• Features to Consider
  1. The Right to Receive Income: 

Often, trusts are used to provide regular income as well as to protect assets from taxation or Medicaid. This allows you to have access to dividends and investment income while still keeping those assets protected. This income can then be reported as individual income, which is taxed at a lower rate than trust income. It also helps reduce capital gains taxes.

  1. Lifetime Distributions: 

A trust can be tailored to allow the trustee to distribute assets to beneficiaries within the trustee’s lifetime. This is a useful option that allows the assets of the trust to be utilized in the event of unforeseen emergency expenses or to increase income during retirement.

  1. Checks and Balances: 

Checks and balances are there to ensure that the lifetime distributions clause isn’t abused, and is an important safeguard in the event of multiple beneficiaries. It simply requires that other beneficiaries must agree to assets being withdrawn from the trust.

  1. The Right to Change Beneficiaries:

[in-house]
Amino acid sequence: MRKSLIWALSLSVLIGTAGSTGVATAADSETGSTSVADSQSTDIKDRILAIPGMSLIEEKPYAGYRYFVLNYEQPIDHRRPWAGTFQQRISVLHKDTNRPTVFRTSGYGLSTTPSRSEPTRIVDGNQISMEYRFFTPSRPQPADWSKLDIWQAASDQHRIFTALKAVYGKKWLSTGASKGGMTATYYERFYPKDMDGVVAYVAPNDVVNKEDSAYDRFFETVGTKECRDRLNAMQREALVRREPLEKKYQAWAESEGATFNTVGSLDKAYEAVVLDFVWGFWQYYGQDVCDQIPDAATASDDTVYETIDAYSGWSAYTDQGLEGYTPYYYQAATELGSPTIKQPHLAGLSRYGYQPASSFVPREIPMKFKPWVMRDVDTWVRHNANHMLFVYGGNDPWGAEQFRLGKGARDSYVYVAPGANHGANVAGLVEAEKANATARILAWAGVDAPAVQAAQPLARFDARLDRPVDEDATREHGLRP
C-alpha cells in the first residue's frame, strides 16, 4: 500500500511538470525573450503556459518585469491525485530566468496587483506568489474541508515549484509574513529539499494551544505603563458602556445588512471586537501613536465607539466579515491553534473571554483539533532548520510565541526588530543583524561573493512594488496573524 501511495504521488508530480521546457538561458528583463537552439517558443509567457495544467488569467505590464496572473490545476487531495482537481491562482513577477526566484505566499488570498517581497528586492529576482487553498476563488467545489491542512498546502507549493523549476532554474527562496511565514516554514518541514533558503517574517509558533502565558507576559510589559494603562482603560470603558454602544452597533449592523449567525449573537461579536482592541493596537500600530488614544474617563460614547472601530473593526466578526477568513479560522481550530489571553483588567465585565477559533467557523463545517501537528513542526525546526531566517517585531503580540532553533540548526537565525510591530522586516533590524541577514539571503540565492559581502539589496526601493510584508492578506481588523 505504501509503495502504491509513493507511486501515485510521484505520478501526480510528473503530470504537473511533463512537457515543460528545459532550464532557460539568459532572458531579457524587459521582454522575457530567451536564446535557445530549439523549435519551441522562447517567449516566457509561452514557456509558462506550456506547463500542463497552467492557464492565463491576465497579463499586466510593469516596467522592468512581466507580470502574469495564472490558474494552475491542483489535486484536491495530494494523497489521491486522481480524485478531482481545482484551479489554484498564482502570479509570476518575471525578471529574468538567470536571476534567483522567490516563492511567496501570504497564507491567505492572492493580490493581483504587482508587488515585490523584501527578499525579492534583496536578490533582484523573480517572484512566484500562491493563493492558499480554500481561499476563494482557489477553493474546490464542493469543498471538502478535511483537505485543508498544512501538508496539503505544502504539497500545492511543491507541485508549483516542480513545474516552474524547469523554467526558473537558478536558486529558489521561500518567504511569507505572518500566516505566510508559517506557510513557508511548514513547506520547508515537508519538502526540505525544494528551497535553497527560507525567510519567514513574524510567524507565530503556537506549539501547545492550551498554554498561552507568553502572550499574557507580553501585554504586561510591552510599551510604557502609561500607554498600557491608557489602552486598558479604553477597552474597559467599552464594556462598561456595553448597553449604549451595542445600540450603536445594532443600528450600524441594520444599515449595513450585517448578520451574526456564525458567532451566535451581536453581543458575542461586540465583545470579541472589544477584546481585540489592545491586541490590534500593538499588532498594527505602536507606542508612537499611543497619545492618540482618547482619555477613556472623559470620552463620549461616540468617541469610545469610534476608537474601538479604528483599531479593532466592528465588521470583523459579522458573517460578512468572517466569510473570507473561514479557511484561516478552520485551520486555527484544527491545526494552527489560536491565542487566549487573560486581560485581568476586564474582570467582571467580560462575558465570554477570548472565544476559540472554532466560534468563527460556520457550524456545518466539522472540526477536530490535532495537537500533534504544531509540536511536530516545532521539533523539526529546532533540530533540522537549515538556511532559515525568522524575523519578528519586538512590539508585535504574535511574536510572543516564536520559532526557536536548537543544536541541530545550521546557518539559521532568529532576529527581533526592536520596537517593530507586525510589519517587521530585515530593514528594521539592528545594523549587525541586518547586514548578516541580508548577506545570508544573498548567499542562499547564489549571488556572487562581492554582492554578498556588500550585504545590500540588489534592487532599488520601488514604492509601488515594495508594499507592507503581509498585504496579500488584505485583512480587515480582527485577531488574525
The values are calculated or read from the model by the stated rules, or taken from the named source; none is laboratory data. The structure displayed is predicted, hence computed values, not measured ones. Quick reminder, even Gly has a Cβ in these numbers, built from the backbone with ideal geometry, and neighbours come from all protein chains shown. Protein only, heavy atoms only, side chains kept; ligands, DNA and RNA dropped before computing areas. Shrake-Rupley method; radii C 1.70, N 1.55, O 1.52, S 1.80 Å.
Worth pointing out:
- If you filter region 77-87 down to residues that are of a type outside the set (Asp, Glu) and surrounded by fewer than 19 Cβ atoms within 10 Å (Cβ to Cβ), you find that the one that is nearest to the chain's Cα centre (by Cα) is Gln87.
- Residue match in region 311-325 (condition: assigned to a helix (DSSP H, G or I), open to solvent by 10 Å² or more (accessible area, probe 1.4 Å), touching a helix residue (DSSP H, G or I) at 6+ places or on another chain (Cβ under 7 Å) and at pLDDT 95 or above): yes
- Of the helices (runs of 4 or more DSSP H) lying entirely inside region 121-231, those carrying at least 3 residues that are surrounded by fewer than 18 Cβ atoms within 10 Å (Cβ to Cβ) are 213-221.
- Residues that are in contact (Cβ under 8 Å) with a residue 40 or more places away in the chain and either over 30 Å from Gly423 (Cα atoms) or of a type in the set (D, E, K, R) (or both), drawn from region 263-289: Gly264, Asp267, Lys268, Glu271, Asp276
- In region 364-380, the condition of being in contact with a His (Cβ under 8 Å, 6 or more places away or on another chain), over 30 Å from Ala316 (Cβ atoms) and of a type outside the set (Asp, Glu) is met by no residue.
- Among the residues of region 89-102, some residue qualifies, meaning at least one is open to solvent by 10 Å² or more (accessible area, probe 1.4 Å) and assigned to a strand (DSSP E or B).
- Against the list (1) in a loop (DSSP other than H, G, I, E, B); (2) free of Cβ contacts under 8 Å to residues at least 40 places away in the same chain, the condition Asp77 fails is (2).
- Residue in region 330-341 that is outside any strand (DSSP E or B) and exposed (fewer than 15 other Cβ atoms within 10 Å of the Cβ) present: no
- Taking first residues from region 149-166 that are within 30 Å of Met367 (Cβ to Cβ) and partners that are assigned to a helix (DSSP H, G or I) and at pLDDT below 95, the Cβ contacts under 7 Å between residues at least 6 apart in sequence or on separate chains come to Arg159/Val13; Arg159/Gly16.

This feature allows clients to make changes to beneficiaries even when their trust is irrevocable. This is especially useful in the event of a divorce or marriage.

  1. Add Successor Trustees: 

If you use an elder law attorney to act as the trustee, this can be handled by their firm. But, it’s always a good idea to add your own trustees for your peace of mind. This is the person who will take over as trustee if the original trustee can no longer hold this position.

Speak to a Leading Elder Law Attorney in NJ Today for Advice on Your Trust
If you would like assistance in understanding and creating an asset protection trust, speak to Frank R. Campisano today. Experienced in elder law, compassionate and committed to his clients, you’ll receive the highest quality legal expertise and guidance that will help you secure better care. In addition, you can also prepare additional estate planning documents, such as your Last Will and Testament, Health Care Proxy, Power of Attorney documents, and trusts. For more compassionate legal guidance and a free consultation with an elder law attorney in New Jersey, please contact us or visit our website at http://www.scclegal.com/

Call Now

×